Tuesday Torment

Yesterday Chris rode the rails.  Did you read that post?

Well, today I rode the rails. It was a beautiful Spring rain, sunshine, and no hint of rain.  I had planned to visit my friend in the care home.  I told her this when I left a few days ago.

And here, we are so very lucky.  From the age of 65, we are all given a Gold Card which allows us to travel on public transport for free.  The stipulation is that it can be used only during off-peak hours 10 am – 3 pm. Not a problem for me.  I don’t want or need to travel in busy times.

So rather than drive, I took advantage of the public transport, and I rode the rails.

A ten-minute drive to the local railway station, where there is only one disability park and as I now have a card, I use that.  I have only once seen another car in “my park”

Ten minutes into town and then another train for a 50-minute ride. Very easy and by doing so, I don’t have to worry about those less than courteous drivers thronging our roads. So,

“Faster than fairies, faster than witches,
Bridges and houses, hedges and ditches;…

This electric train hurtles along through the suburbs, small towns and villages, skimming houses and gardens, schools, and shops.  But nowhere did I see the things Chris saw.  Homeless and desperate people I suspect tend to hover in groups and in places like shopping malls or church yards.

Of course, there was graffiti aplenty on walls everywhere, but I suggest that is another worldwide problem.

What I saw and what tormented me on this Tuesday was in the “lounge” of the care facility. My friend had been to exercise class and after the exercise (hands and arms, legs and feet moving to music) eight elderly, (well old really) people sat while the facilitator, a young man of about 50, took them through a quiz. Apparently, the exercise class and the quiz and discussions, are daily occurrences.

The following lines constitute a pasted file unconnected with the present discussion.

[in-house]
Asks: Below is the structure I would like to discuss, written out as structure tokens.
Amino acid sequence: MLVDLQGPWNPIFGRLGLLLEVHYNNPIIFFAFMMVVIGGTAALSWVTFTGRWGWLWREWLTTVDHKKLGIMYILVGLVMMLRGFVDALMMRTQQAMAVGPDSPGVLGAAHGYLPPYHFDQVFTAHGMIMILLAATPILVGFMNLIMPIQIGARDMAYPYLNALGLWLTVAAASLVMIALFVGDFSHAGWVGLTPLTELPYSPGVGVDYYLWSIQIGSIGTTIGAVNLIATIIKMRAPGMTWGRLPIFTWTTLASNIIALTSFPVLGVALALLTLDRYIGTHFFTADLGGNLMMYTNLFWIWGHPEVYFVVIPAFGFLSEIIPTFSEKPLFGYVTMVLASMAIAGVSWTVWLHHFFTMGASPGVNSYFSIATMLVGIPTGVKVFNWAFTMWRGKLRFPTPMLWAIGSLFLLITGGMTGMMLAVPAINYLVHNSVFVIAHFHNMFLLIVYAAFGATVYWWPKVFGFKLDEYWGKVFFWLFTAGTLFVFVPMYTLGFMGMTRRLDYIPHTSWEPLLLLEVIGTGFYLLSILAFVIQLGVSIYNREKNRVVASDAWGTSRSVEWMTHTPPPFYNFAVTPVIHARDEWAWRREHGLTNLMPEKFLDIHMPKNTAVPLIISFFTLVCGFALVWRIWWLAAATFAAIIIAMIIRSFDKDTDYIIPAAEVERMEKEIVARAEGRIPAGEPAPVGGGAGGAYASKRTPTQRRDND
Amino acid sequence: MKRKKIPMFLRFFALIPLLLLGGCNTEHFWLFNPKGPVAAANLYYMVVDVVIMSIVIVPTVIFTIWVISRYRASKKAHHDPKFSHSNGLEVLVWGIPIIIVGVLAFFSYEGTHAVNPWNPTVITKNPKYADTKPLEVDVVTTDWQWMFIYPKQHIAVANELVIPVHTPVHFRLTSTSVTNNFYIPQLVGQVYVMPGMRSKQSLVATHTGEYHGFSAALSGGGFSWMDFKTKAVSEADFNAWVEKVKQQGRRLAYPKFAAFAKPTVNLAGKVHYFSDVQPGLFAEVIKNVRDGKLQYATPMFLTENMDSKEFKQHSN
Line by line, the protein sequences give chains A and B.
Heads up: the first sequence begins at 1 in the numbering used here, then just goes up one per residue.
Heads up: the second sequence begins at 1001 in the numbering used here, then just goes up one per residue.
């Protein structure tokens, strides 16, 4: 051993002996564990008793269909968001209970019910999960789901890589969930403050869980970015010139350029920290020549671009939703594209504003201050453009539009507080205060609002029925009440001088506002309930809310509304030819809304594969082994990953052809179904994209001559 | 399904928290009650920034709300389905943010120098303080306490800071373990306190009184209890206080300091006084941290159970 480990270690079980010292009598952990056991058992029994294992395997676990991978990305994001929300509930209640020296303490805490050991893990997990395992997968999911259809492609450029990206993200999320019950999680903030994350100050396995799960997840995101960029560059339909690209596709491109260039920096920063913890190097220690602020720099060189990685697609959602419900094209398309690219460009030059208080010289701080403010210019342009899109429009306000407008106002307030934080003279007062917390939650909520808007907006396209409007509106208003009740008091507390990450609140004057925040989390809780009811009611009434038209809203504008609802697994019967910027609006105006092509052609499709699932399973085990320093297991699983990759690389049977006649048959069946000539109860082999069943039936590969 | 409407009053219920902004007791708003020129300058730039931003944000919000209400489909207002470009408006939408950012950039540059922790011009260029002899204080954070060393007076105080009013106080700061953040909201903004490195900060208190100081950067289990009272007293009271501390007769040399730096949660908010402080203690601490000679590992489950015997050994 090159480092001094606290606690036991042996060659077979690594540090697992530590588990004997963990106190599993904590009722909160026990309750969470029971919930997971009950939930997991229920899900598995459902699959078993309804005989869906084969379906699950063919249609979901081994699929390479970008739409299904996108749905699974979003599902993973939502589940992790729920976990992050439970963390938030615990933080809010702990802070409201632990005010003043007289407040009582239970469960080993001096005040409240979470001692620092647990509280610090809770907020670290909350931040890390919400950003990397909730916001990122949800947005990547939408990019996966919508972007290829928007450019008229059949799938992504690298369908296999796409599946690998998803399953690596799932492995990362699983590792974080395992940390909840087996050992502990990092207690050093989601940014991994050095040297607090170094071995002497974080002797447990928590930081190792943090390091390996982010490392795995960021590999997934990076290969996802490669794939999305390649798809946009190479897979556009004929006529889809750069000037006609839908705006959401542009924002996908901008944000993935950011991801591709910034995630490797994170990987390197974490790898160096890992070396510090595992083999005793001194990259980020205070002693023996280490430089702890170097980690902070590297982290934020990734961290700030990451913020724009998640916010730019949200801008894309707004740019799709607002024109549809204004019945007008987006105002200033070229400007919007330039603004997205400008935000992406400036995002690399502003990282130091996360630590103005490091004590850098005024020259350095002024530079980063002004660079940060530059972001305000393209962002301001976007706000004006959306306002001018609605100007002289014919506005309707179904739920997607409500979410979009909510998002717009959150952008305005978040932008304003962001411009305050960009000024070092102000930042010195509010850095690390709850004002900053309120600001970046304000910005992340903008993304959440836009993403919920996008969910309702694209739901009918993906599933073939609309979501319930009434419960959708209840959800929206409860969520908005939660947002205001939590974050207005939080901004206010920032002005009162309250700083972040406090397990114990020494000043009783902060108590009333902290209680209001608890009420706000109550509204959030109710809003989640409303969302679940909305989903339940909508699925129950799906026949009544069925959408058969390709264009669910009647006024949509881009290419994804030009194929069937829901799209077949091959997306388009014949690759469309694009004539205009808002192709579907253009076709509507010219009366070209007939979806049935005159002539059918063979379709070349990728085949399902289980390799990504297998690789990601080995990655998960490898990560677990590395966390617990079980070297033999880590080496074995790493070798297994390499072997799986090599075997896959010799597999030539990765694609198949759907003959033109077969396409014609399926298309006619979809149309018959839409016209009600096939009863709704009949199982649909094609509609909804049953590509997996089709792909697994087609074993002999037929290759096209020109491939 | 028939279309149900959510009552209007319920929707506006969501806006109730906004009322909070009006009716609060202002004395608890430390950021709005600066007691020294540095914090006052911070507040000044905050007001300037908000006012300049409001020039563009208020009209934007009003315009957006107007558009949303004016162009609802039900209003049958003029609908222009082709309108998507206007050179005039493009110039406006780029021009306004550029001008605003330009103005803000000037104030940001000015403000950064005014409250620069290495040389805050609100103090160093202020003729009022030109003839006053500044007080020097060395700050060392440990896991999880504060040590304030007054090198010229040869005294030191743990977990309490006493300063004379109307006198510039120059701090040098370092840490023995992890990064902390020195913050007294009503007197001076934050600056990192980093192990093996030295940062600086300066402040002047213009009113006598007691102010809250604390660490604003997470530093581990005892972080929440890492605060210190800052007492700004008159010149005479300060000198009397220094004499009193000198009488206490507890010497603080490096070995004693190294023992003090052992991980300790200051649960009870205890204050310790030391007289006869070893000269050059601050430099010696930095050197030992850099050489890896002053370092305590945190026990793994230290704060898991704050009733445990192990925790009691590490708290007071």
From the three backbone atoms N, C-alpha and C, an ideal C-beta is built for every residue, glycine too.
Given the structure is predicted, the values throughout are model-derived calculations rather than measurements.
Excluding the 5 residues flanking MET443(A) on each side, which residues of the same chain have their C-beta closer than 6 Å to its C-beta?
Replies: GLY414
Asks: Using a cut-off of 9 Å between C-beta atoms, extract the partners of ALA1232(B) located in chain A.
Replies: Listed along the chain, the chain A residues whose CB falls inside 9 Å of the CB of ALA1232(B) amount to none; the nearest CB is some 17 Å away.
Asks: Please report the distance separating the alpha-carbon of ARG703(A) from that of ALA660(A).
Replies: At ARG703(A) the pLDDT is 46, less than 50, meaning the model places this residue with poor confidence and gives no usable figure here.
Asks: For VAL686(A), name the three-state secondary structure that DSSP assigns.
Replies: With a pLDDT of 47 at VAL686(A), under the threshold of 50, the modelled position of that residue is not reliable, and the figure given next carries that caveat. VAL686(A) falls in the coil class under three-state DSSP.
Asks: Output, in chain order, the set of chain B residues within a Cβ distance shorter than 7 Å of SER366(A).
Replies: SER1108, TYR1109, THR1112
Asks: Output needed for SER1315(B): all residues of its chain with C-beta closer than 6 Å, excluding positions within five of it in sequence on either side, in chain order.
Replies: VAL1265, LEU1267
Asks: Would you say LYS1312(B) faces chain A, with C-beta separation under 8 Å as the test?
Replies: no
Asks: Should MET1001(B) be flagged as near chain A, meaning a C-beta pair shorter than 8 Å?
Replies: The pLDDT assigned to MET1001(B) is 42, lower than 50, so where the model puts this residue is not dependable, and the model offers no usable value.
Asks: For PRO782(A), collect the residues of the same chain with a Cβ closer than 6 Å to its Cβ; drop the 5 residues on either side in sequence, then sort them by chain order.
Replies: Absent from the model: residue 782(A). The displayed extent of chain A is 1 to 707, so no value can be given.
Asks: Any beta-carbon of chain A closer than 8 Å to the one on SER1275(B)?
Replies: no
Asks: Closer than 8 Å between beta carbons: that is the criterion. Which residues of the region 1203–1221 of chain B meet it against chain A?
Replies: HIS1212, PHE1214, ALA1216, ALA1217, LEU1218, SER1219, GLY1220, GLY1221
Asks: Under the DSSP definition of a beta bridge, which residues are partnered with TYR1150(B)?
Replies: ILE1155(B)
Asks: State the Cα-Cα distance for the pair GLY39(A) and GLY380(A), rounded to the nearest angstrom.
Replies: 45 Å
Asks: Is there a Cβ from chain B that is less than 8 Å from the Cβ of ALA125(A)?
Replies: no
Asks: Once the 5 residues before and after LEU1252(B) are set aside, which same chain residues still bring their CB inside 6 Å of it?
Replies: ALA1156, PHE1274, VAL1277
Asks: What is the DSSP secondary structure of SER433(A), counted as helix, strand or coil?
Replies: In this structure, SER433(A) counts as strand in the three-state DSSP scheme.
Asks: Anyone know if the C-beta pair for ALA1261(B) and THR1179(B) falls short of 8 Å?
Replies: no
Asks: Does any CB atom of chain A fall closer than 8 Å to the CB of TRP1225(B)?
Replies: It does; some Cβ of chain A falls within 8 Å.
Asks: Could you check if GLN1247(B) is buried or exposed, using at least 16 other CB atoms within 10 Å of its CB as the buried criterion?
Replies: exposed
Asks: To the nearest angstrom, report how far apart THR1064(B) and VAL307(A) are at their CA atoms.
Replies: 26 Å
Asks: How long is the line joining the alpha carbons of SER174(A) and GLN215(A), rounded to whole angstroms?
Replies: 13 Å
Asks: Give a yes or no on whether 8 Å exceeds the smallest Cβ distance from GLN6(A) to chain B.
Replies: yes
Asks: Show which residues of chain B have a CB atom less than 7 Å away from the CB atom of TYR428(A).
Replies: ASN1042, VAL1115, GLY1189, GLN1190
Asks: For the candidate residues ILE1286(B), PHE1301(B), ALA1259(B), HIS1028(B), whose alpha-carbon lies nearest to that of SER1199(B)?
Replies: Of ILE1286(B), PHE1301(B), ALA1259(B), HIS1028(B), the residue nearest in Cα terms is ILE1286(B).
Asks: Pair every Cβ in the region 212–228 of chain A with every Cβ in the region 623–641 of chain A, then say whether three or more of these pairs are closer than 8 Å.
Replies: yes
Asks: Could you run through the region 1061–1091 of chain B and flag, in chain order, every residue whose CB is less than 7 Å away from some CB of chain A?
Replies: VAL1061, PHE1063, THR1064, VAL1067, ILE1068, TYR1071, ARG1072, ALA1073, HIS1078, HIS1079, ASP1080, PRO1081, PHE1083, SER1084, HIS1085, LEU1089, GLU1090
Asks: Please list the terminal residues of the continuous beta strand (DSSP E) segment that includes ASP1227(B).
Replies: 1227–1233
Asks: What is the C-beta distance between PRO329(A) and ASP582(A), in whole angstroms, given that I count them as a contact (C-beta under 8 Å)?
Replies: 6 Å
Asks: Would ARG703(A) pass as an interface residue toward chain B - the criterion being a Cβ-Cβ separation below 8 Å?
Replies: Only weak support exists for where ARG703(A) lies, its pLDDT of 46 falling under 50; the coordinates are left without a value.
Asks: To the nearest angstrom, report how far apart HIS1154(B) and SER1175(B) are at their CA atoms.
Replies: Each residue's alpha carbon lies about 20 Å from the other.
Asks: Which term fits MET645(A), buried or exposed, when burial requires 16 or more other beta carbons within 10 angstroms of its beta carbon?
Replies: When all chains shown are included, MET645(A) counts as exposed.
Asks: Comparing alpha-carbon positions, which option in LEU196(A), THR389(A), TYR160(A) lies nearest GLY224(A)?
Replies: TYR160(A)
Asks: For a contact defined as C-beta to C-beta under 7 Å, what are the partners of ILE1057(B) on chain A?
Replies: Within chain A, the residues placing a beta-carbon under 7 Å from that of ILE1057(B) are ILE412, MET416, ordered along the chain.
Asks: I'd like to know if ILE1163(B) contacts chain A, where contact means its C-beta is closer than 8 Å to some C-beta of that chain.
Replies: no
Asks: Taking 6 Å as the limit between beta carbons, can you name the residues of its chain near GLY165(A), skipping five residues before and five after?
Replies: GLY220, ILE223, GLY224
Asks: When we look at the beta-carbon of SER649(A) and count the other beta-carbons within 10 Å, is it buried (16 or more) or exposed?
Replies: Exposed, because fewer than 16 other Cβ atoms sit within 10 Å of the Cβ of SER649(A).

There were four men and four women.  Several walkers lined up outside the lounge and a couple inside with their owners. 

And it was a sorry sight.

These people were not homeless or destitute.  Far from it, as it costs in excess of $75,000 pa to be in this place.  They were obviously safe and well cared for but…

How awful for these once active, busy people to end their lives like this.  They will never live anywhere but here, and really they have only death to look forward to.  Oh yes, they can look forward to visits from family and friends, and perhaps the odd trip out with the family and friends, and an occasional outing in the people mover that proudly proclaims they are from this total care home,

Over the two months that she has been there, my friend has become institutionalised.  She eats when they say eat, showers and dresses, and retires according to their timetable, and of course, attends these exercise classes.  

But where is the active, totally interested, and interesting person who was my friend?  Gone now I suspect.  She seems only to be interested in herself, her physical presence, her ailments and not much else.  She doesn’t read the magazines I bring her, and she watches TV or plays games on her iPad to pass the time, and seriously that is all she is doing now – passing time.

I really don’t want to end my life like that.

JB October 4, 2022
Wellington, NZ

24 thoughts on “Tuesday Torment”